Russia—personified as Alexander--wants to overcome the perceptive limitations it has of itself and become the super-werewolf which has much of the same ring to it as Nietzsche’s Uberman, and it is truly tragic to see Russia in this state, going through its current struggle. You wonder if he will succeed. You wonder if everyone else will succeed along with him. In one stage of the novel, however, you get the feeling he will not, as we find Alexander transforming into a werewolf and howling near an oil well in a snow-like wasteland, pleading for oil to come forth in a re-enactment of a bizarre Russian Cinderella fairy tale. Truly not "super" at all. It is a tragic scene because of the suggestion that Russia has lost itself as it attempts to join in and contribute to the needs of globalization. "Please," Alexander seems to plead with his howling, "come forth dear blood of the earth and fill our wells!" This is one of his jobs, you discover. Alexander thus transforms into the wolf while doing so—the animal—in the same way that he transforms into the werewolf during his sexual sessions with A Hu-Li.

Both the west and the east play their influence out on Alexander throughout the pages of this book, and you are left wondering as you approach the end what direction he will take, and how it will affect A Hu-Li as well. In another unusual scene—this book is loaded with them—A Hu-Li kisses Alexander for the first time in an expression of love, which causes their relationship to spin into a completely different direction. Ultimately, Alexander ends up discovering the true age of A Hu-Li and flees her presence, claiming he cannot have sex with someone so old. To me, this reveals the choice that the author believes Russia is making in the world. Instead of seeking transcendence through ancient wisdom, it has gone the way of globalization—the whore--which paints itself young and chases men in turtleneck sweaters wearing jewelry and Nike shoes.

The ultimate benefactor in the entire story is A Hu-Li herself as she discovers she is an empty vessel that fills itself with lies, that the world is illusion, that she is an illusion, that she is the world, that everything is a dream, that she is the dream the world is dreaming, and that words are useless to describe the nothingness which is the truth inside of us all. Words attempting to describe this are nothing more than stepping stones on the pathway to transcendence—the pathway to the super-werewolf which is an inexplicable path that has taken A Hu-Li thousands of years herself to find. She seeks her true nature, and she does so by learning that her "tail" is the truth, her tail is the world that is lying to itself while it masturbates, transfixed by itself, transfixed by its own lies. Thus, in a paradoxical manner, all the lies we tell to ourselves—if we admit they are so--is this truth, and the key to this ancient knowledge finds form in the Sacred Book of the Werewolf that A Hu-Li is writing for her love—Alexander and, symbolically, Russia itself. She hopes it will eventually find its way into his hands as he pursues the younger pleasures awarded after burying his head in the world of globalization. Pelevin gives you the impression that this pursuit is all for naught, and Russia, like the rest of us, will never learn, but still we must try. Pelevin, in the role of A Hu-Li, gives his gift of ancient wisdom to Russia—his own Alexander.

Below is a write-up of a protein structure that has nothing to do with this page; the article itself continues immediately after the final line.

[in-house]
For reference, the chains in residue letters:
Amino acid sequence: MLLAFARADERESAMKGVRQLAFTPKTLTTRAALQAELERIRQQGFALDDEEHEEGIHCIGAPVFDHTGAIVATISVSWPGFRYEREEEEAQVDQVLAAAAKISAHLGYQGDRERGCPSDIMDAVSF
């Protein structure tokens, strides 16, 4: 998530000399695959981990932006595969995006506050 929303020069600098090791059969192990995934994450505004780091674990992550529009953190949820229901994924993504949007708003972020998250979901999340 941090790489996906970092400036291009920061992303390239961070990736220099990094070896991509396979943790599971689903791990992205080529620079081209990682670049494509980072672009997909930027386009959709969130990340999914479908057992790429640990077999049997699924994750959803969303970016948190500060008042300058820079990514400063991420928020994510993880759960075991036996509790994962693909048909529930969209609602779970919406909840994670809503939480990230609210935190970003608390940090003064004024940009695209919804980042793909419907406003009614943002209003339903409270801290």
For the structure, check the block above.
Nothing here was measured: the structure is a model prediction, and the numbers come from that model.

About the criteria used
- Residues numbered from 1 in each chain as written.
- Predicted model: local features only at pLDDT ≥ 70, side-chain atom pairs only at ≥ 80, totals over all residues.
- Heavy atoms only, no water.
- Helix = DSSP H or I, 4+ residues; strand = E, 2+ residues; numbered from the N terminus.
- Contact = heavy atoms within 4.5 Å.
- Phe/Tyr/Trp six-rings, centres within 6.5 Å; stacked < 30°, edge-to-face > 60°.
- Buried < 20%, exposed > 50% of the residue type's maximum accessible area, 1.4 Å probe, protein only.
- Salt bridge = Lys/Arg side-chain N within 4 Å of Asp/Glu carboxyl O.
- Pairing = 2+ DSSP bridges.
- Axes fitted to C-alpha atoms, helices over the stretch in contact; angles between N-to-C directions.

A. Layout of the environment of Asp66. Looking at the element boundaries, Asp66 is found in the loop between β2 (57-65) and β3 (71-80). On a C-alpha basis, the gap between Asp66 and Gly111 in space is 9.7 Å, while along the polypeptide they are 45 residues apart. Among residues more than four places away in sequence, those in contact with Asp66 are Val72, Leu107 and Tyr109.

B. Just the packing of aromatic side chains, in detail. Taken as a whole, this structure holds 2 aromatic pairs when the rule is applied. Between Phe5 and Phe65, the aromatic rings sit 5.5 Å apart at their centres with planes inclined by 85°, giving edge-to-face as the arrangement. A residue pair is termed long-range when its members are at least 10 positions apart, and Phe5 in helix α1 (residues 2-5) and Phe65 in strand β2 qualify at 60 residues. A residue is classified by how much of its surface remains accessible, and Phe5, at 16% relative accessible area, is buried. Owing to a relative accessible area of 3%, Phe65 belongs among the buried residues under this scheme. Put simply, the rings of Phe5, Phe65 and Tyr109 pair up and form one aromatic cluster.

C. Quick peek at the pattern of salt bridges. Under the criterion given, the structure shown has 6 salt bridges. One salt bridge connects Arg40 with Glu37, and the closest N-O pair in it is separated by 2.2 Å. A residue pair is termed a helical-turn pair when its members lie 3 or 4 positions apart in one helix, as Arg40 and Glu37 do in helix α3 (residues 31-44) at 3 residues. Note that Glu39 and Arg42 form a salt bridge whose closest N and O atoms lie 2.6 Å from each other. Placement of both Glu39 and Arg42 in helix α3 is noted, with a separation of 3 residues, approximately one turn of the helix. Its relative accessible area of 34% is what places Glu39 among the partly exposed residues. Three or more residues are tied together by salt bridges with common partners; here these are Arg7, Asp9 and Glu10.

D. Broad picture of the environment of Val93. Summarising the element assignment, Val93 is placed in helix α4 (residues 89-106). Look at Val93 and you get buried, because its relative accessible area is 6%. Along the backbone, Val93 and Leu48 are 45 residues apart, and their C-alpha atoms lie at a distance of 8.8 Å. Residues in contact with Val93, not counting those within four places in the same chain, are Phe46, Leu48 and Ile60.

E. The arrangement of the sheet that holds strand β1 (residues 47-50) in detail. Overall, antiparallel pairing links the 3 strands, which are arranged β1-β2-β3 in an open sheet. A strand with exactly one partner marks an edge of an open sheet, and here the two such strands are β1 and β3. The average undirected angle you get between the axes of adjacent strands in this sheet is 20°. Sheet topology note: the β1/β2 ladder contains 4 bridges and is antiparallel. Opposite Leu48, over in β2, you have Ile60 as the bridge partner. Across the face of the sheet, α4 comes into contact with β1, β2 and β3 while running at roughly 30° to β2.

Although it was a rough start at first, I truly enjoyed this book of material and spiritual transformation. Like the tailless monkeys in the story, we have forgotten we are lying to ourselves as we have lost our tail. The truth is the nothingness at our core, but it is a nothingness which can be anything at all. Stephen Hawking may have inside of his head the theory of everything, but Victor Pelevin reveals inside of us all the theory of nothing, and after reading this book, Pelevin’s certainly seems the more endearing version of the two. Pick it up, read it, see what the werewolves may have to teach you. Enjoy!